The royal writ was one of the fundamental features of the Anglo-Saxon administrative system. It may have originated in the late ninth century, though surviving examples are all from the eleventh. The terse, business-like language of the writ implies that it was the main written instrument of government, used in a wide variety of business. Almost all surviving writs, however, are concerned in some way with title to land, a characteristic which will have guaranteed their survival while those dealing with the more ephemeral business of government have long since disappeared.
Just how great the volume of lost material has been is debateable. Consequently, there has been some disagreement as to the extent to which government was 'articulated by royal writ', and therefore of the extent of lay literacy implied by its use. Domesday Book suggests that some categories of royal business - the granting of estates - commonly involved written authorisation. If this were so, then surviving writs represent only a minute proportion of those originally issued.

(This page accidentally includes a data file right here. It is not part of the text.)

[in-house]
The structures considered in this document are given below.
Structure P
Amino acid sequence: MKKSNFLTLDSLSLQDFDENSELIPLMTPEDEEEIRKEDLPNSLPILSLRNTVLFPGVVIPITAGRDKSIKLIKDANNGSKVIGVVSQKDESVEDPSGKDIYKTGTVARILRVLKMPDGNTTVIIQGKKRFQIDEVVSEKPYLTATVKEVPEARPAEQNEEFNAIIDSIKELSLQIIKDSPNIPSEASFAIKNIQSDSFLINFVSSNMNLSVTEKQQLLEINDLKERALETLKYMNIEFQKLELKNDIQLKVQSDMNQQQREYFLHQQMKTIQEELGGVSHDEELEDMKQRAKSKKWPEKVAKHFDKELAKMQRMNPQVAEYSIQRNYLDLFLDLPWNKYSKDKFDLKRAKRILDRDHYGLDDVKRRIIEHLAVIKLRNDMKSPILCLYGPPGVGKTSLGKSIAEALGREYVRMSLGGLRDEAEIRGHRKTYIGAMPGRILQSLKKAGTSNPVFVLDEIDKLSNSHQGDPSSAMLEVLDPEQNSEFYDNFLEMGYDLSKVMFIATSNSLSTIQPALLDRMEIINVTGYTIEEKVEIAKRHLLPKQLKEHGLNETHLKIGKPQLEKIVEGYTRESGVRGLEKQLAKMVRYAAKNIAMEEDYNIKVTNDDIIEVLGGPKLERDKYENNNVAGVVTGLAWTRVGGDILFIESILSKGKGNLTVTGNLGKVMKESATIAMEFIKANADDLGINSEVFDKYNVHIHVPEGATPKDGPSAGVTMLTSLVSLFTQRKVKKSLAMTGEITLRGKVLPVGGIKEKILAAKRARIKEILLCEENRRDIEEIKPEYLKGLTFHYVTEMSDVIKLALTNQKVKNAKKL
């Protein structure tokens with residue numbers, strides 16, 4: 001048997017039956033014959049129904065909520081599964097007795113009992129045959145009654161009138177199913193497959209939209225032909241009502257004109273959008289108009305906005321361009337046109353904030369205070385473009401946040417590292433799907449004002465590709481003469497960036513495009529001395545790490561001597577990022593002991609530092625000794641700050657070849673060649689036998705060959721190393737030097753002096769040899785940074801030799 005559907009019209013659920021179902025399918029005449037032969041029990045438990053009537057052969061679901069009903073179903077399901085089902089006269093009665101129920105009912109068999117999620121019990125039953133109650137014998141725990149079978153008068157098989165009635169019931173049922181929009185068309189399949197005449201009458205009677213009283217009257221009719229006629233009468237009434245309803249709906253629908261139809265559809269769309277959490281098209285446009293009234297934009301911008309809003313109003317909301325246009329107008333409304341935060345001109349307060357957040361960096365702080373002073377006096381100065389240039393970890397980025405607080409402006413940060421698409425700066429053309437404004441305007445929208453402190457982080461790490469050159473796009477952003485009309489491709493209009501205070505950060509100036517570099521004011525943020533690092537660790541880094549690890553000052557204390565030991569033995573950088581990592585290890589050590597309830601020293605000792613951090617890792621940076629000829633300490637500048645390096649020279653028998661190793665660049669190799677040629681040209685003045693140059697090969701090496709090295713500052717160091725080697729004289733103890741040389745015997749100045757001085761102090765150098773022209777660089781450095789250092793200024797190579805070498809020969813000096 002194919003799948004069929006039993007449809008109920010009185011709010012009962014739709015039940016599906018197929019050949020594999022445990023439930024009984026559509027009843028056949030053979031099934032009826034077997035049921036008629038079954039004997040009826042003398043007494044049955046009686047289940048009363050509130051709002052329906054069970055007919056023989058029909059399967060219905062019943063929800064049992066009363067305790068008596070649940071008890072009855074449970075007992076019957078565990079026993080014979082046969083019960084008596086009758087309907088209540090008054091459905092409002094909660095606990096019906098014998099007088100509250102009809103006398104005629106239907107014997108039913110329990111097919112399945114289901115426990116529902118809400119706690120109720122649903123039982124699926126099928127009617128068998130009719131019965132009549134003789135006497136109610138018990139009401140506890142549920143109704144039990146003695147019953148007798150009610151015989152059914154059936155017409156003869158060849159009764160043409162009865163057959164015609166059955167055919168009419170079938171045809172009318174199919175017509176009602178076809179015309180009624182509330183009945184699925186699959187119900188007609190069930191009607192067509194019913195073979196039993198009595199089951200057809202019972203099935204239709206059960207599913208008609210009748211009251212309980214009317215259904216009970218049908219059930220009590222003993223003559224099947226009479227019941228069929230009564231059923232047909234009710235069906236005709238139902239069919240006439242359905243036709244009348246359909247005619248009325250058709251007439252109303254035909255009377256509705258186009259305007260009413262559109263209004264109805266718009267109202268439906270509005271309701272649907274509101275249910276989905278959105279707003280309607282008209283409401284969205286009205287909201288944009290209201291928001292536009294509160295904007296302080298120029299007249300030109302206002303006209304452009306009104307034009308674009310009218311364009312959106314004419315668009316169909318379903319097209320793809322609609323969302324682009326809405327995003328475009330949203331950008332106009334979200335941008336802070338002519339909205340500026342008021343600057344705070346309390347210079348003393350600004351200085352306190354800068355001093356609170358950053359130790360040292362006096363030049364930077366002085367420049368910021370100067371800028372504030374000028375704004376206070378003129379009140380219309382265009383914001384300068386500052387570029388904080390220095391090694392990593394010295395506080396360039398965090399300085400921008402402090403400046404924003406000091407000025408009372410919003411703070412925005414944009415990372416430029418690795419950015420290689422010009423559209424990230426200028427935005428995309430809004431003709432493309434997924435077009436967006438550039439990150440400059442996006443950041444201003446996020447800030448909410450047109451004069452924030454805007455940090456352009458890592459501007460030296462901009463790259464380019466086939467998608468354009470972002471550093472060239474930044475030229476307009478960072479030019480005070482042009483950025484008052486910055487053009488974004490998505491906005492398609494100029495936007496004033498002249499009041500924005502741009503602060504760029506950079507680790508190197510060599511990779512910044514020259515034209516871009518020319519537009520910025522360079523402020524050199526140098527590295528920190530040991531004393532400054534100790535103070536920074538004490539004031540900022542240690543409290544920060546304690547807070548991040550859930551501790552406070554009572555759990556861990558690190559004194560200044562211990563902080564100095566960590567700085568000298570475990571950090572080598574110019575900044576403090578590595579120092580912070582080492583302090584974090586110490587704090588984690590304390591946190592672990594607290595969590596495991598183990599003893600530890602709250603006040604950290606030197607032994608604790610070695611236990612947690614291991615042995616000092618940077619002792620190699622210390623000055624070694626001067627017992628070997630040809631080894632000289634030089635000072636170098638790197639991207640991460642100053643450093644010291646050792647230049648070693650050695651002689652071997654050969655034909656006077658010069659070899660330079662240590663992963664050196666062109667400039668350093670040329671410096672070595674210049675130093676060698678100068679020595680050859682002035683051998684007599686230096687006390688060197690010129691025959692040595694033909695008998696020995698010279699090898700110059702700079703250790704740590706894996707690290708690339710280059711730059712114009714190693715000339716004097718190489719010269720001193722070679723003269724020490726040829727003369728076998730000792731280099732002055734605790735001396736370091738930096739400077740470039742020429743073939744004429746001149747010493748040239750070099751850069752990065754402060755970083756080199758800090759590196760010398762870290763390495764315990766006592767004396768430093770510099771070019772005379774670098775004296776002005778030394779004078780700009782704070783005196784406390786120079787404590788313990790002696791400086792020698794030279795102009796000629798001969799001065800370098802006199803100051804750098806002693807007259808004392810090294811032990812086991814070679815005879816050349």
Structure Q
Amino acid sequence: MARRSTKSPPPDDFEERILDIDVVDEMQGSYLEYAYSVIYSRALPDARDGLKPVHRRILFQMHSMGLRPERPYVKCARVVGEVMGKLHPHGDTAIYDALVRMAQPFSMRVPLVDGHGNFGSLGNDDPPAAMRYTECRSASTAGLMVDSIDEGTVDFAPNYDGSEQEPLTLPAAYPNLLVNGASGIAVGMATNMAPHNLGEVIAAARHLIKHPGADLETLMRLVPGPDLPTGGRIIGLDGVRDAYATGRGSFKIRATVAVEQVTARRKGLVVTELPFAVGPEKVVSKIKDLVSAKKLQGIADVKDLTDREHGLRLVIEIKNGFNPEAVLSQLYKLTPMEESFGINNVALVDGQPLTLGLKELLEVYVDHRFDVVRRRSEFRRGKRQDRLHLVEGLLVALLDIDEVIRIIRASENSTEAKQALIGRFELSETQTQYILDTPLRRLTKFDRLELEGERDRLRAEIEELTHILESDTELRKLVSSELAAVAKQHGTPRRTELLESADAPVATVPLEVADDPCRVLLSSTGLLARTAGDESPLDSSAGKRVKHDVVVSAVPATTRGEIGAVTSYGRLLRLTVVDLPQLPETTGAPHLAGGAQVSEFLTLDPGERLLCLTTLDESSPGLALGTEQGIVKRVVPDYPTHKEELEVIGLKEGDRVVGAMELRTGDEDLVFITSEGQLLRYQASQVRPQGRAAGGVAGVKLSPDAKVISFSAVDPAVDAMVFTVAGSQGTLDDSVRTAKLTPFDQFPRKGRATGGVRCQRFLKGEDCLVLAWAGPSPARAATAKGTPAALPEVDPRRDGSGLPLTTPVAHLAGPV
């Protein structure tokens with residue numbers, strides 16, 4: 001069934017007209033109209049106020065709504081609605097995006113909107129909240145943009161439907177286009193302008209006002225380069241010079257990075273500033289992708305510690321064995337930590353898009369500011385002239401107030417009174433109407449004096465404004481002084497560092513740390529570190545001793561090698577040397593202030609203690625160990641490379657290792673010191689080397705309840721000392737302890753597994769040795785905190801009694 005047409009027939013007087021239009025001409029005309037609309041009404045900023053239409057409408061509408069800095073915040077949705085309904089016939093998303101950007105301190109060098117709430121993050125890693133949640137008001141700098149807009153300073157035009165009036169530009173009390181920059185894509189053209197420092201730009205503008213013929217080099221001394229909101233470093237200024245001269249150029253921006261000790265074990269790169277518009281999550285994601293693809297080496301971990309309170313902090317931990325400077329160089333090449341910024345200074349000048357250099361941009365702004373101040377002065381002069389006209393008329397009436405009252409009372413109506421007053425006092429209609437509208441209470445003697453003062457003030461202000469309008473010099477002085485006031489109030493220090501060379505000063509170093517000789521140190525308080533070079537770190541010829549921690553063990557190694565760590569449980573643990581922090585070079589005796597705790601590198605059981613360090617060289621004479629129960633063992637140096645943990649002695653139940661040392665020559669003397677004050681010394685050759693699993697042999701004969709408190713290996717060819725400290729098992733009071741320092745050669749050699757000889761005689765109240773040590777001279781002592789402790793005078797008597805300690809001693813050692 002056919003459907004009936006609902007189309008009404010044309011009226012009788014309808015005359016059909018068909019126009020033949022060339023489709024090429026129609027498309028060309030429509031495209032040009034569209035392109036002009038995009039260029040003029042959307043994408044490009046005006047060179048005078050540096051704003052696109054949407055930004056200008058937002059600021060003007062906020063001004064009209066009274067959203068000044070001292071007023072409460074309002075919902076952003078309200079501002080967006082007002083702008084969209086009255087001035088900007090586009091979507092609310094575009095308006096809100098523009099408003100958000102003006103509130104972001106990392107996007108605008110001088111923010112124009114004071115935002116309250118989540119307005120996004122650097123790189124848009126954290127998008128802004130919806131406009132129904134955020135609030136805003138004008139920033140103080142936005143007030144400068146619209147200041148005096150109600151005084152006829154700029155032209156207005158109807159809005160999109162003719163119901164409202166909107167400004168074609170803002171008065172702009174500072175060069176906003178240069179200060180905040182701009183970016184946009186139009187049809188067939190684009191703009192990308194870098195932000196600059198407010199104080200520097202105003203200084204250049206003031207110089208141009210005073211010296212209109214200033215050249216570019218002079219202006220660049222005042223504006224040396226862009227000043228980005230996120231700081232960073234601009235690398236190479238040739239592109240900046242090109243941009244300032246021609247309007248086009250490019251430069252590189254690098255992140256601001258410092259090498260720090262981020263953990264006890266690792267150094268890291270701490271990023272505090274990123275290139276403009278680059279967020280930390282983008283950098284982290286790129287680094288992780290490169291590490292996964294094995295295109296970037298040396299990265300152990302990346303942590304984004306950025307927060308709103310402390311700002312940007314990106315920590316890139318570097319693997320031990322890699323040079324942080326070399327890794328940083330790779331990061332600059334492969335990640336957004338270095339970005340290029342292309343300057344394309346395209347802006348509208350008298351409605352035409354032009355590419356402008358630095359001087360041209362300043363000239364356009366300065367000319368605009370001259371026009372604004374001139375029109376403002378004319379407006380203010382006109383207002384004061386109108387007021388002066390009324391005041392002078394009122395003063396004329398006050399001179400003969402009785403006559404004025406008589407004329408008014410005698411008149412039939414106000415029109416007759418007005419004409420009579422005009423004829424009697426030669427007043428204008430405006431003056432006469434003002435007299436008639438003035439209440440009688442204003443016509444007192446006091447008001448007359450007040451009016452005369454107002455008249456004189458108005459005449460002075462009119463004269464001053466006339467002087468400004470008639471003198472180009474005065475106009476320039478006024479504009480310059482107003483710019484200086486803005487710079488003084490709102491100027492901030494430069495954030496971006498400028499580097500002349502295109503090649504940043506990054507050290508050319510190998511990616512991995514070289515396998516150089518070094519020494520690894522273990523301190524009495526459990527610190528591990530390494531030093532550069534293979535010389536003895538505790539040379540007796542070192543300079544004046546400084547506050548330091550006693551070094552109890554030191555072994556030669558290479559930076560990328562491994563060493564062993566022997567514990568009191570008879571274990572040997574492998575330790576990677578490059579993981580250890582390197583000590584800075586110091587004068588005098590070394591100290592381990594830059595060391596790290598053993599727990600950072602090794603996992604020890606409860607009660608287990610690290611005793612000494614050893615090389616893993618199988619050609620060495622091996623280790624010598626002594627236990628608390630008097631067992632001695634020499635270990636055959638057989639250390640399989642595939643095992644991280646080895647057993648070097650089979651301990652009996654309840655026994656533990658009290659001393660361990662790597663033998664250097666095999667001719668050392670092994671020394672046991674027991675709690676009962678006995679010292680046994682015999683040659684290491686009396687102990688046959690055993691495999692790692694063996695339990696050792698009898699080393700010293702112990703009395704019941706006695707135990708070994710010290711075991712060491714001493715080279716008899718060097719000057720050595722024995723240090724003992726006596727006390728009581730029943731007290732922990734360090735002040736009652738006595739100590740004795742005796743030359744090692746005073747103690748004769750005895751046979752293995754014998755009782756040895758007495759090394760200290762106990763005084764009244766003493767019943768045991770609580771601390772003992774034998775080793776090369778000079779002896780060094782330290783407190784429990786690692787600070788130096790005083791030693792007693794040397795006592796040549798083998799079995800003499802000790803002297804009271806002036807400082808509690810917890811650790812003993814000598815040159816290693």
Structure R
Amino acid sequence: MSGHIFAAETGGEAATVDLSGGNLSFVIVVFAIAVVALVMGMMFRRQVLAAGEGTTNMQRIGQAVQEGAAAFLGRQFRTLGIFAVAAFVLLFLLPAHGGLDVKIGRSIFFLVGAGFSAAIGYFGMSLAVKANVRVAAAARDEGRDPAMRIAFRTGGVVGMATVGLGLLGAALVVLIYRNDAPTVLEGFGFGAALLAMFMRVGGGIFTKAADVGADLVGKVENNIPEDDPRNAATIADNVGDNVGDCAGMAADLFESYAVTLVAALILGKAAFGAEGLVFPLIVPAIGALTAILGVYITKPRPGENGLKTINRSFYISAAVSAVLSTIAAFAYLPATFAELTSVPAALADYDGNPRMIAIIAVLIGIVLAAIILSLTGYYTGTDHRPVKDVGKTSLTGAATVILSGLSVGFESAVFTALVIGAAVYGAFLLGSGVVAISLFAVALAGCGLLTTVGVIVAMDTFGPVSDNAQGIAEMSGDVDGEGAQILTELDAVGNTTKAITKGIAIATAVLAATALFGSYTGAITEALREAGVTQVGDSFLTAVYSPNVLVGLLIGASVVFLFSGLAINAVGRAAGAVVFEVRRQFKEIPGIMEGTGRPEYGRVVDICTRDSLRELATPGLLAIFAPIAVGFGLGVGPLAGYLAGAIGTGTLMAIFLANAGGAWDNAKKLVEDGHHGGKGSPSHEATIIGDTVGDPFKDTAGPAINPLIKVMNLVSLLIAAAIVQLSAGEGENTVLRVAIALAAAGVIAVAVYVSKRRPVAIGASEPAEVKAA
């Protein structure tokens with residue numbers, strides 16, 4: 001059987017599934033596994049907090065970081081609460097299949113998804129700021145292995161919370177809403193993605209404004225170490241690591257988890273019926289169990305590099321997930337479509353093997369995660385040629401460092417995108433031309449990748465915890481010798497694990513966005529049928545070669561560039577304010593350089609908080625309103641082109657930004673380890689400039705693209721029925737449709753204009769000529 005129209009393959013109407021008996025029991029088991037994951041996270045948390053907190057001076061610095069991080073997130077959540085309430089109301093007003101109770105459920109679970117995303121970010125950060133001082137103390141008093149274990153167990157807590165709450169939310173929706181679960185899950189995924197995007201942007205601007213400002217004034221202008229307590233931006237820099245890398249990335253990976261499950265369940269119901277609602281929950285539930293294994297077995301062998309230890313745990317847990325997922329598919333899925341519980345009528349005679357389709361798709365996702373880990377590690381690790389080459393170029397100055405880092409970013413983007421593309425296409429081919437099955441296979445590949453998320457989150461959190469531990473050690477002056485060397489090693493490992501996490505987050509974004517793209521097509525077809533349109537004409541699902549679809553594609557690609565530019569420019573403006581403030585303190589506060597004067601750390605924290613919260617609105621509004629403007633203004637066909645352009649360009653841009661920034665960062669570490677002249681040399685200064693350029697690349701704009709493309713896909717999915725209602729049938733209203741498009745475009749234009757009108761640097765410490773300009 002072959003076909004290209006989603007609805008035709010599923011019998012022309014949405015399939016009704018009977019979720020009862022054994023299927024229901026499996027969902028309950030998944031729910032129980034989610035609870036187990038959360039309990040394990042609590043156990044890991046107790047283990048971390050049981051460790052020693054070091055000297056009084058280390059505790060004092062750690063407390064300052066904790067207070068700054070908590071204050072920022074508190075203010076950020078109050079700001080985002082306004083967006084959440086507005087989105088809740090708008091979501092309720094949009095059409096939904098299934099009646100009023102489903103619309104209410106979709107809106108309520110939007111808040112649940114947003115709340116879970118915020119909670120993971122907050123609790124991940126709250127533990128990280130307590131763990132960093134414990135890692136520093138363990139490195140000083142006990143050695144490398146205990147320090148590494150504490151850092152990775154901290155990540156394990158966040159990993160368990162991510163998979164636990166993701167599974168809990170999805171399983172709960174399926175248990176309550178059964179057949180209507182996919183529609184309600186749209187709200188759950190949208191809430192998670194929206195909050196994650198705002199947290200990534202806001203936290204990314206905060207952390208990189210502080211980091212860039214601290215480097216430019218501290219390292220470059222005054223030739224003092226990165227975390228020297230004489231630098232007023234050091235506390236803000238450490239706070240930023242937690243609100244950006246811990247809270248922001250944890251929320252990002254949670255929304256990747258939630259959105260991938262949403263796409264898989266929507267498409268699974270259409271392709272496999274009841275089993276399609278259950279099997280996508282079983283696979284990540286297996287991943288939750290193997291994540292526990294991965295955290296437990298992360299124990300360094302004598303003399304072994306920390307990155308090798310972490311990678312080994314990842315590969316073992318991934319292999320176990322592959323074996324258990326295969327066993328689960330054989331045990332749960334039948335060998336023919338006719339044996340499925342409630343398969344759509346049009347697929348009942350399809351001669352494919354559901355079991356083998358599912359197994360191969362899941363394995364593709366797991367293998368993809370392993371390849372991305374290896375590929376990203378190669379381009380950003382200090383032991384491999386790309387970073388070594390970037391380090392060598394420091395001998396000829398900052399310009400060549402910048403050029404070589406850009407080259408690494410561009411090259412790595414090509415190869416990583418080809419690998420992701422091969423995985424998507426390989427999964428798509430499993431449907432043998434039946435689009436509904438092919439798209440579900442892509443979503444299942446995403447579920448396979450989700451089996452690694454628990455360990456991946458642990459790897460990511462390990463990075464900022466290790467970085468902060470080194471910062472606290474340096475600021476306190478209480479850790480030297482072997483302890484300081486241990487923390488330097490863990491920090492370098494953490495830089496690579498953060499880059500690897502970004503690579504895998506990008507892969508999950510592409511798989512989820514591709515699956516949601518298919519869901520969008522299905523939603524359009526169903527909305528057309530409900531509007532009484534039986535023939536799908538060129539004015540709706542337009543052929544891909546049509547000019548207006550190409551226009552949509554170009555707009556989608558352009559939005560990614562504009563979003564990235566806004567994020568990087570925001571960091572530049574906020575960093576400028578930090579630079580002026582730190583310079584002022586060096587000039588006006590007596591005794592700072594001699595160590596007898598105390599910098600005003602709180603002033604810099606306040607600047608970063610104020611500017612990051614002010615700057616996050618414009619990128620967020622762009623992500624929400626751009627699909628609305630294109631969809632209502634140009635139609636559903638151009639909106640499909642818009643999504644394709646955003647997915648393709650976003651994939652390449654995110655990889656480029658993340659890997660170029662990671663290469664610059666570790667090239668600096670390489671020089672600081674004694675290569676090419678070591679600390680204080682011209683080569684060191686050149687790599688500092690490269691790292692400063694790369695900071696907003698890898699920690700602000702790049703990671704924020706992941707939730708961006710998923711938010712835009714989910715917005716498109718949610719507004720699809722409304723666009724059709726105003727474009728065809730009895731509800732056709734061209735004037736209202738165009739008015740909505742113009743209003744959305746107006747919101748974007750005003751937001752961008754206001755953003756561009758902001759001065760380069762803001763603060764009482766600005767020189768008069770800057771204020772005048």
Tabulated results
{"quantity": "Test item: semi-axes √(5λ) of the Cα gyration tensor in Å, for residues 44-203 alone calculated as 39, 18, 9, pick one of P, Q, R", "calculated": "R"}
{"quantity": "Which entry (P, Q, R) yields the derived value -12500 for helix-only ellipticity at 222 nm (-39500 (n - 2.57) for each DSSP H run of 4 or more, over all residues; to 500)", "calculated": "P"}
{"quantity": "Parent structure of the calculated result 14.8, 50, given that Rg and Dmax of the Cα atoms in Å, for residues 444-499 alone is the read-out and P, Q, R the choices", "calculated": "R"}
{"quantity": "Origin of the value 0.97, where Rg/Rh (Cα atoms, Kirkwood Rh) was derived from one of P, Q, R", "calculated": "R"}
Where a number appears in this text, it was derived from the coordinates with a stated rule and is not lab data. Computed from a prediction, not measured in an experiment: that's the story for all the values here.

The writ conveyed royal commands to officials and to the courts, serving both as an official's authority to act and often as the recipient's title to a grant. Royal writs of this kind are frequently cited in Domesday Book, commonly in relation to the ownership of an estate. The phrase 'without writ' implied that an estate was held without royal authority. It is one of many signs of a preoccupation with legitimate title in Domesday Book.
For the arguments for the extensive use of the written word in government, see Simon Keynes, 'Regenbald the chancellor [sic]', Anglo-Norman Studies, vol. 10 (1988), pages 185-222; Simon Keynes, 'Royal government and the written word in late Anglo-Saxon England', Uses of literacy in medieval Europe, edited by Rosamond McKitterick (1990), pages 226-57; and James Campbell, The Anglo-Saxon state (2000); and for a minimalist interpretation, Pierre Chaplais, 'The Anglo-Saxon Chancery: from diploma to writ', Journal of the Society of Archivists, vol. 3 (1966), pages 160-76; and M.T. Clanchy, From memory to written record: England, 1066-1307 (second edition, 1993).
See also Return.